Gut bacteria reverses autism-related social behaviour in mice
Posted: 16 June 2016 | Victoria White, Digital Content Producer | No comments yet
Researchers have discovered that the absence of one specific species of gut bacteria causes autism-related social deficits in mice…
Researchers from Baylor College of Medicine have discovered that the absence of one specific species of gut bacteria causes social deficits in mice.
By adding this bacterial species back to the guts of affected mice, the researchers were able to reverse some of the mice’s behavioural deficits, which are reminiscent of symptoms of autism spectrum disorders in humans. The investigators are now looking to explore the effects of probiotics on neurodevelopmental disorders in future work.
“Other research groups are trying to use drugs or electrical brain stimulation as a way to reverse some of the behavioural symptoms associated with neurodevelopmental disorders–but here we have, perhaps, a new approach,” says Dr Mauro Costa-Mattioli, associate professor of neuroscience at Baylor. “Whether it would be effective in humans, we don’t know yet, but it is an extremely exciting way of affecting the brain from the gut.”
Gut microbes and the brain
The inspiration for the research came from human epidemiological studies that have found that maternal obesity during pregnancy could increase children’s risk of developing neurodevelopmental disorders, including of autism spectrum disorders. In addition, some individuals with autism also report recurring gastrointestinal problems. With emerging research showing how diet can change the gut microbiome and how gut microbes can influence the brain, Costa-Mattioli and his colleagues suspected there could be a connection.
To begin, the researchers fed approximately 60 female mice a high-fat diet that was the rough equivalent of consistently eating fast food multiple times a day. They bred the mice and waited for them to bear young. The offspring stayed with their mother for three weeks and then were weaned onto a normal diet. After a month, these offspring showed behavioural deficits, such as spending less time in contact with their peers and not initiating interactions.
“First we wanted to see whether there was a difference in the microbiome between the offspring of mouse mothers fed a normal diet versus those of mothers fed a high-fat diet. So, we used 16S ribosomal RNA gene sequencing to determine the bacterial composition of their gut. We found a clear difference in the microbiota of the two maternal diet groups,” says Shelly Buffington, a postdoctoral fellow in Costa-Mattioli’s lab. “The sequencing data was so consistent that by looking at the microbiome of an individual mouse we could predict whether its behaviour would be impaired.”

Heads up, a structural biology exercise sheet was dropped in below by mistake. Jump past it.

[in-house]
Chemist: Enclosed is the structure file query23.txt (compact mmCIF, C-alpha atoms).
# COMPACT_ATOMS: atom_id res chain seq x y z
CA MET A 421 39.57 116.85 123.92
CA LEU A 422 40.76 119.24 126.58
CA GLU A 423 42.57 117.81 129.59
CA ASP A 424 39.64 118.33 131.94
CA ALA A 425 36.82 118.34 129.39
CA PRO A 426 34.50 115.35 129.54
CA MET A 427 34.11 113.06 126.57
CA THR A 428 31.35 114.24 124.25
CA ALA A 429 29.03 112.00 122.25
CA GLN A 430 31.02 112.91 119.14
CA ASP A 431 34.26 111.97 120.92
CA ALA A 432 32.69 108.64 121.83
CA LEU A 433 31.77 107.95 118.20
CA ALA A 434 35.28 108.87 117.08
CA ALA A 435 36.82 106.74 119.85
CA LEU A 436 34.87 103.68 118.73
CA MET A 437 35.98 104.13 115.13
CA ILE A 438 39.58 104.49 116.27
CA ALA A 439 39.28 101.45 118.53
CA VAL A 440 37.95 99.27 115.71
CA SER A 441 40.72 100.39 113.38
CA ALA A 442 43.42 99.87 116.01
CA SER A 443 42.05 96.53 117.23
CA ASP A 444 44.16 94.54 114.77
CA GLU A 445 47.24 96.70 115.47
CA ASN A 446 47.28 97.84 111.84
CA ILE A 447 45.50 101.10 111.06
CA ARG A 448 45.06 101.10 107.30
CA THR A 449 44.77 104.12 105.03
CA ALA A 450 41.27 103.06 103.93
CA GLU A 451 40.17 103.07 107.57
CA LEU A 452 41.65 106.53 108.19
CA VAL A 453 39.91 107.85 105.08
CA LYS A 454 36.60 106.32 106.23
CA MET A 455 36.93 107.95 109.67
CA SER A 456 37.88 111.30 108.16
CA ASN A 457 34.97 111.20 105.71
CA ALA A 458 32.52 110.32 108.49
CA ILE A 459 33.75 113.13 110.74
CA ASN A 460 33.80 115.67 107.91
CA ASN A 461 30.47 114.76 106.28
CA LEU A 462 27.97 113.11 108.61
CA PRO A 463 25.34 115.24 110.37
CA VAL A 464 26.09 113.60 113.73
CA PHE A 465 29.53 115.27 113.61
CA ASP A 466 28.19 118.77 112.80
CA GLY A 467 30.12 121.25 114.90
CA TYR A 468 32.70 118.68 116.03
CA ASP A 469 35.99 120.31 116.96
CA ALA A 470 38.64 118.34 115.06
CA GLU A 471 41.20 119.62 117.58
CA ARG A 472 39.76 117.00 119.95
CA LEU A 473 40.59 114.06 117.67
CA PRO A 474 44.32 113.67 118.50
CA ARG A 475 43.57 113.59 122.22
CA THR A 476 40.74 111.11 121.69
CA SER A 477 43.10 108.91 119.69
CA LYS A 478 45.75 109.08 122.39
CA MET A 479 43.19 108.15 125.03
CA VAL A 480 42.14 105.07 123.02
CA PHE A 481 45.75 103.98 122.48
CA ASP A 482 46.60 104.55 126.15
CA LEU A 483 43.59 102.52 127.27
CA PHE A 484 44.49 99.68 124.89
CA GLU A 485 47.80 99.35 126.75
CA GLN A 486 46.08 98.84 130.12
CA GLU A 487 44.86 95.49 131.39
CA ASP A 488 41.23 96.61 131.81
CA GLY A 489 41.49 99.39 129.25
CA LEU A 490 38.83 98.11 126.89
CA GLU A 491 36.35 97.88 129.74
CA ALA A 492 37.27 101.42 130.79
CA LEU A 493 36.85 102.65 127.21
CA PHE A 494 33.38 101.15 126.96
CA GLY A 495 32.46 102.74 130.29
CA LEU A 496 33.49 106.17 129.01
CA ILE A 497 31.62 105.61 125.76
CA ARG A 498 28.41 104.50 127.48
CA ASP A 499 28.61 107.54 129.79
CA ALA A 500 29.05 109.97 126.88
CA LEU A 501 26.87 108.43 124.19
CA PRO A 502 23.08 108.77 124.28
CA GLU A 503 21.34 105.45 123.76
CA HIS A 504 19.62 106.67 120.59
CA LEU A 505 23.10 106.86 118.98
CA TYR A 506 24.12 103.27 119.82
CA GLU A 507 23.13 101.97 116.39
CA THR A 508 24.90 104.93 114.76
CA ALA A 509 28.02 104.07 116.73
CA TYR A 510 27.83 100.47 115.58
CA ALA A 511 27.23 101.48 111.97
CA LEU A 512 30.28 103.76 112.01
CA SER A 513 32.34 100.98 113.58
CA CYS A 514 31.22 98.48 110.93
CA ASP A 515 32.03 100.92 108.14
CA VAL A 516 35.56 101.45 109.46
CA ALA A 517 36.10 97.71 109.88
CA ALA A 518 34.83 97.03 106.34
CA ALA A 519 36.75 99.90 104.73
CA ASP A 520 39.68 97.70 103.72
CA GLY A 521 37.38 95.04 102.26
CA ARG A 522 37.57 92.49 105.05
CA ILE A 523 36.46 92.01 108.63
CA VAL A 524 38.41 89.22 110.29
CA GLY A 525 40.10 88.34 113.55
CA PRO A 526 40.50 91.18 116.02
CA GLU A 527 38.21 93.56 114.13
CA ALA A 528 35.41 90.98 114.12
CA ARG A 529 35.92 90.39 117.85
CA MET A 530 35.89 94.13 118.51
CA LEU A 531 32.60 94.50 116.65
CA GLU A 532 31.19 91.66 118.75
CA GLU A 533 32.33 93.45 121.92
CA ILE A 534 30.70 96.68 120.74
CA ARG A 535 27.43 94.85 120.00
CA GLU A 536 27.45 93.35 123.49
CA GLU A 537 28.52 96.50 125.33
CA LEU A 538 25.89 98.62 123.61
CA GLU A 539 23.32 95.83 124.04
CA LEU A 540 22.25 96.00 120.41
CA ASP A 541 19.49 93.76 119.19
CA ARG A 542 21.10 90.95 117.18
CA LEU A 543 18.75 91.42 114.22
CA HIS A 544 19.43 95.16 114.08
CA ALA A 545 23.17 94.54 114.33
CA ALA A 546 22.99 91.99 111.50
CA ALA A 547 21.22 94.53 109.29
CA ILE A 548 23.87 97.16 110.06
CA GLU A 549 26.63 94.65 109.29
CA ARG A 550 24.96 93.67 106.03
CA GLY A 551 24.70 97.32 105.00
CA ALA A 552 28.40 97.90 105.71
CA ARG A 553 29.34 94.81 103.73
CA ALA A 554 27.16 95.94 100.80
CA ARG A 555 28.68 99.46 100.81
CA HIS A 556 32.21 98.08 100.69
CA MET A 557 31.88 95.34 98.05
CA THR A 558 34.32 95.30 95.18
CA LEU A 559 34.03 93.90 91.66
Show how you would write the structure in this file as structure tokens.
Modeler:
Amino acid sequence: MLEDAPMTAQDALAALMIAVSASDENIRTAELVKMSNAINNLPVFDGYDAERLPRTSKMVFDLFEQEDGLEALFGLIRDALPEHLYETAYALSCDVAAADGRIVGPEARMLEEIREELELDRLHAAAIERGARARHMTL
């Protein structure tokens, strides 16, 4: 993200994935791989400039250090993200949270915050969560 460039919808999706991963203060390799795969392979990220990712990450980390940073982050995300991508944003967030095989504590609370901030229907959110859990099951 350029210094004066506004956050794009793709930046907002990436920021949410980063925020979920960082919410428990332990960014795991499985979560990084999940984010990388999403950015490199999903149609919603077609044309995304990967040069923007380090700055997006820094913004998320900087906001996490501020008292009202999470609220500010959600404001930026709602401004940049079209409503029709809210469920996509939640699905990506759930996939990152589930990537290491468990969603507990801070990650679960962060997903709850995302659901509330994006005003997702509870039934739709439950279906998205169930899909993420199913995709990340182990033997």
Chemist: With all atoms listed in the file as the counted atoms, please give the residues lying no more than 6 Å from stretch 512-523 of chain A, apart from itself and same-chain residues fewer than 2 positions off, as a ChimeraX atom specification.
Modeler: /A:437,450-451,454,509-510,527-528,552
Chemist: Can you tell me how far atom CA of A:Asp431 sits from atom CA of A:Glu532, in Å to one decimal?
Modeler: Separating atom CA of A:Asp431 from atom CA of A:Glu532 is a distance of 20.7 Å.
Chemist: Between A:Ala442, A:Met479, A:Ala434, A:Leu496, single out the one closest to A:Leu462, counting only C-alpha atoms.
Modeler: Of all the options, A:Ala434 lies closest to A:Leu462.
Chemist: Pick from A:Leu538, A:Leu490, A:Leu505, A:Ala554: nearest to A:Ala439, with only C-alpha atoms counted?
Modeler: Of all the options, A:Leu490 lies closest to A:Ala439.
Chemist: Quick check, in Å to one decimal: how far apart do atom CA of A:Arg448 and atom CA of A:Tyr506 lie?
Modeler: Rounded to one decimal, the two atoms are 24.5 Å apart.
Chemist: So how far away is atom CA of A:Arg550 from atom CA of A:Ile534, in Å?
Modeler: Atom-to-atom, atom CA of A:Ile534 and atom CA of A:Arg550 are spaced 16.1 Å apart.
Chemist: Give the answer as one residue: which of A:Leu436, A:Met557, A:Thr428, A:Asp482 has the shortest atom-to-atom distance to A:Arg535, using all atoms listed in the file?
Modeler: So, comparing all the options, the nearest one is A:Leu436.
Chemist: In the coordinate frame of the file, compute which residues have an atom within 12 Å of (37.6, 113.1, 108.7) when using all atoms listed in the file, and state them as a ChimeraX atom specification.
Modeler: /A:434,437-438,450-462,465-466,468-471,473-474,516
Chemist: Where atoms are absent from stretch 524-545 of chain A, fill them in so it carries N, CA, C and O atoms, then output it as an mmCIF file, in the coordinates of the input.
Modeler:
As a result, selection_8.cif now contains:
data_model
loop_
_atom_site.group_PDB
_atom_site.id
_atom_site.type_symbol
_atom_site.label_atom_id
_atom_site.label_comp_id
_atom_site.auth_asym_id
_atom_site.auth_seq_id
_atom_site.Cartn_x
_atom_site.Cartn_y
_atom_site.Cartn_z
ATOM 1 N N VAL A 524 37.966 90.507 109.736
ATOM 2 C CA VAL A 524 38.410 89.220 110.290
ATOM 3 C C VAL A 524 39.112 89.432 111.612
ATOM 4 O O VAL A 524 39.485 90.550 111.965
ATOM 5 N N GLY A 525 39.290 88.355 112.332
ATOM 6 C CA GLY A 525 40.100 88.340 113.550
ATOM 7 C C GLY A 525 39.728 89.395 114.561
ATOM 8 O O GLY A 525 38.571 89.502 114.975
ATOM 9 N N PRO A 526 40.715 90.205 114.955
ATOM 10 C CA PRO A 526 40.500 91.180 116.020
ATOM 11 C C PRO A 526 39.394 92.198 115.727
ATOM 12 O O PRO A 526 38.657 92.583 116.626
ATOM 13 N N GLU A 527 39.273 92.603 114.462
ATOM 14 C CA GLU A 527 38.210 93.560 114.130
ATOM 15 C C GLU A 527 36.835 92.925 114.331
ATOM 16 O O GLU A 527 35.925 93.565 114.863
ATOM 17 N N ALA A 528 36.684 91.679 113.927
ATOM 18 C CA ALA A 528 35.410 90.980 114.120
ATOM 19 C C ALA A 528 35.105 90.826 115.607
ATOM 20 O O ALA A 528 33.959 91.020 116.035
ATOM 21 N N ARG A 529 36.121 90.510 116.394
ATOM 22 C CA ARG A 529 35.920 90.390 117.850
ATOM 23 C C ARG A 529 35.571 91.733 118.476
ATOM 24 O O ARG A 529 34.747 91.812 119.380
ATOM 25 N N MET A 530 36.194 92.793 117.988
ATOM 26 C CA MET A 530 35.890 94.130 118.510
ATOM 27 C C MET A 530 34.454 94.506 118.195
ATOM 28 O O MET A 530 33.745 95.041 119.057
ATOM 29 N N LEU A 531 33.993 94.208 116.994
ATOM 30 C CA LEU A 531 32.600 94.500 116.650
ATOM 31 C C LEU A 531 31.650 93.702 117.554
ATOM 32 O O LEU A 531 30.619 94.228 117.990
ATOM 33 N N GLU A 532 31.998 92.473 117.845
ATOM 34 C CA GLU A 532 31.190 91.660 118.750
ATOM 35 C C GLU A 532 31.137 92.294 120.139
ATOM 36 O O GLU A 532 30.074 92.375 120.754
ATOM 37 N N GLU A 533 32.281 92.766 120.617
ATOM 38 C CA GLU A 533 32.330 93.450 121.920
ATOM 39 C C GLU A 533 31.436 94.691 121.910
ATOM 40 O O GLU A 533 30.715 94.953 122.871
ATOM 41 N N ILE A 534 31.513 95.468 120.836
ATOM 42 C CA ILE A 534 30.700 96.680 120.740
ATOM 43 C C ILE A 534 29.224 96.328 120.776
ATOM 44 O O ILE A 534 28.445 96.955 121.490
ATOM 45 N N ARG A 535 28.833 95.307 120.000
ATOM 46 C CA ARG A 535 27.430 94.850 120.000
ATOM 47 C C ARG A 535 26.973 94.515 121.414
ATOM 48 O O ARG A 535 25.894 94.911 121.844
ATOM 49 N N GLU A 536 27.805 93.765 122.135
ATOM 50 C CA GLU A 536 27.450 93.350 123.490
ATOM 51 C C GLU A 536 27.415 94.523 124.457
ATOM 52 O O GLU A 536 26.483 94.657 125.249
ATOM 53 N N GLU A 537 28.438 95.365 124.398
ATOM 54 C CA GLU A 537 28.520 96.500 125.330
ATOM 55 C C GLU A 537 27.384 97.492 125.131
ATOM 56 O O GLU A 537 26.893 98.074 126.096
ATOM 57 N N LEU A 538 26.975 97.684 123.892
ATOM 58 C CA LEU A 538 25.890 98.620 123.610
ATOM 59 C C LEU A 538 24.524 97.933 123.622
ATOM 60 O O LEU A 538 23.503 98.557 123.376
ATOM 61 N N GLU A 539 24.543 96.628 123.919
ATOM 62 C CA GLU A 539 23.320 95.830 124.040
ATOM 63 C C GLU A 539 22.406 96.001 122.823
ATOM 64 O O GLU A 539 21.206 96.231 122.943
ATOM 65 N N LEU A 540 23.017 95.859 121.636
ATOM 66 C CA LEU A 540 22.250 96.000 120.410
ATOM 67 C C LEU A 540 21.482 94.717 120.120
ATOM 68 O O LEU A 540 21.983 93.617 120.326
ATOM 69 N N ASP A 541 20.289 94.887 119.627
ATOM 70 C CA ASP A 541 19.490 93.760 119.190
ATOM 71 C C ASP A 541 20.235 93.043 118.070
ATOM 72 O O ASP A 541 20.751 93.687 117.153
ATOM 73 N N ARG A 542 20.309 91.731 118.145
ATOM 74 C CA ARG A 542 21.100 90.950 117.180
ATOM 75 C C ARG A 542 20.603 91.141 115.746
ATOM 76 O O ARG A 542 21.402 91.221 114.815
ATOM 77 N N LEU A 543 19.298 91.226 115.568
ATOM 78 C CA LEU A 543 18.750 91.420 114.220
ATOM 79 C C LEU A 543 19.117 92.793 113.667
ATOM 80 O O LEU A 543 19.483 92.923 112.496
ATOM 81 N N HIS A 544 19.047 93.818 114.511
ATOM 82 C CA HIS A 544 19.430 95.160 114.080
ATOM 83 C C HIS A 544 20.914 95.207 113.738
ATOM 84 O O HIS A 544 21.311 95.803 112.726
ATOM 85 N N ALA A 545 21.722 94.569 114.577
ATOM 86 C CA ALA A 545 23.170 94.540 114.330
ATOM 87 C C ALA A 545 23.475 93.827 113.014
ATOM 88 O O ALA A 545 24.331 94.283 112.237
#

Restoring the gut microbiome
Buffington next tested whether the specific differences in the microbiome were causative factors underlying the social impairments in offspring of mothers fed a high-fat diet. Because mice eat each other’s faeces, the researchers housed the animals together so that they would acquire microbiota from their cagemates. When socially impaired three-week-old mice born to mothers on a high-fat diet were paired with normal mice, a full restoration of the gut microbiome and a concurrent improvement in behaviour was observed within four weeks. The investigators concluded that one or more beneficial bacterial species might be important for normal social behaviour. Faecal-transplant experiments in mice without microbiota (germ-free mice) provided causal evidence that an imbalanced microbial ecology in the mice born to mothers on a high-fat diet is responsible for their social deficits.
The investigators next wanted to know the specific bacterial species that could be affecting the social behaviour of the mice. Whole-genome shotgun sequencing revealed one type of bacteria, Lactobacillus reuteri, which was reduced more than nine-fold in the microbiome of mice born to mothers on the high-fat diet.
“We cultured a strain of L. reuteri originally isolated from human breast milk and introduced it into the water of the high-fat-diet offspring. We found that treatment with this single bacterial strain was able to rescue their social behaviour,” Buffington says. Other behaviours related to autism spectrum disorder, such as anxiety, were not restored by the reconstitution of the bacteria.
The researchers believe that their work, which uses a human bacterial species to promote oxytocin levels and improve social behavioral deficits in deficient mice, could be explored as a probiotic intervention for the treatment of neurodevelopmental disorders in humans.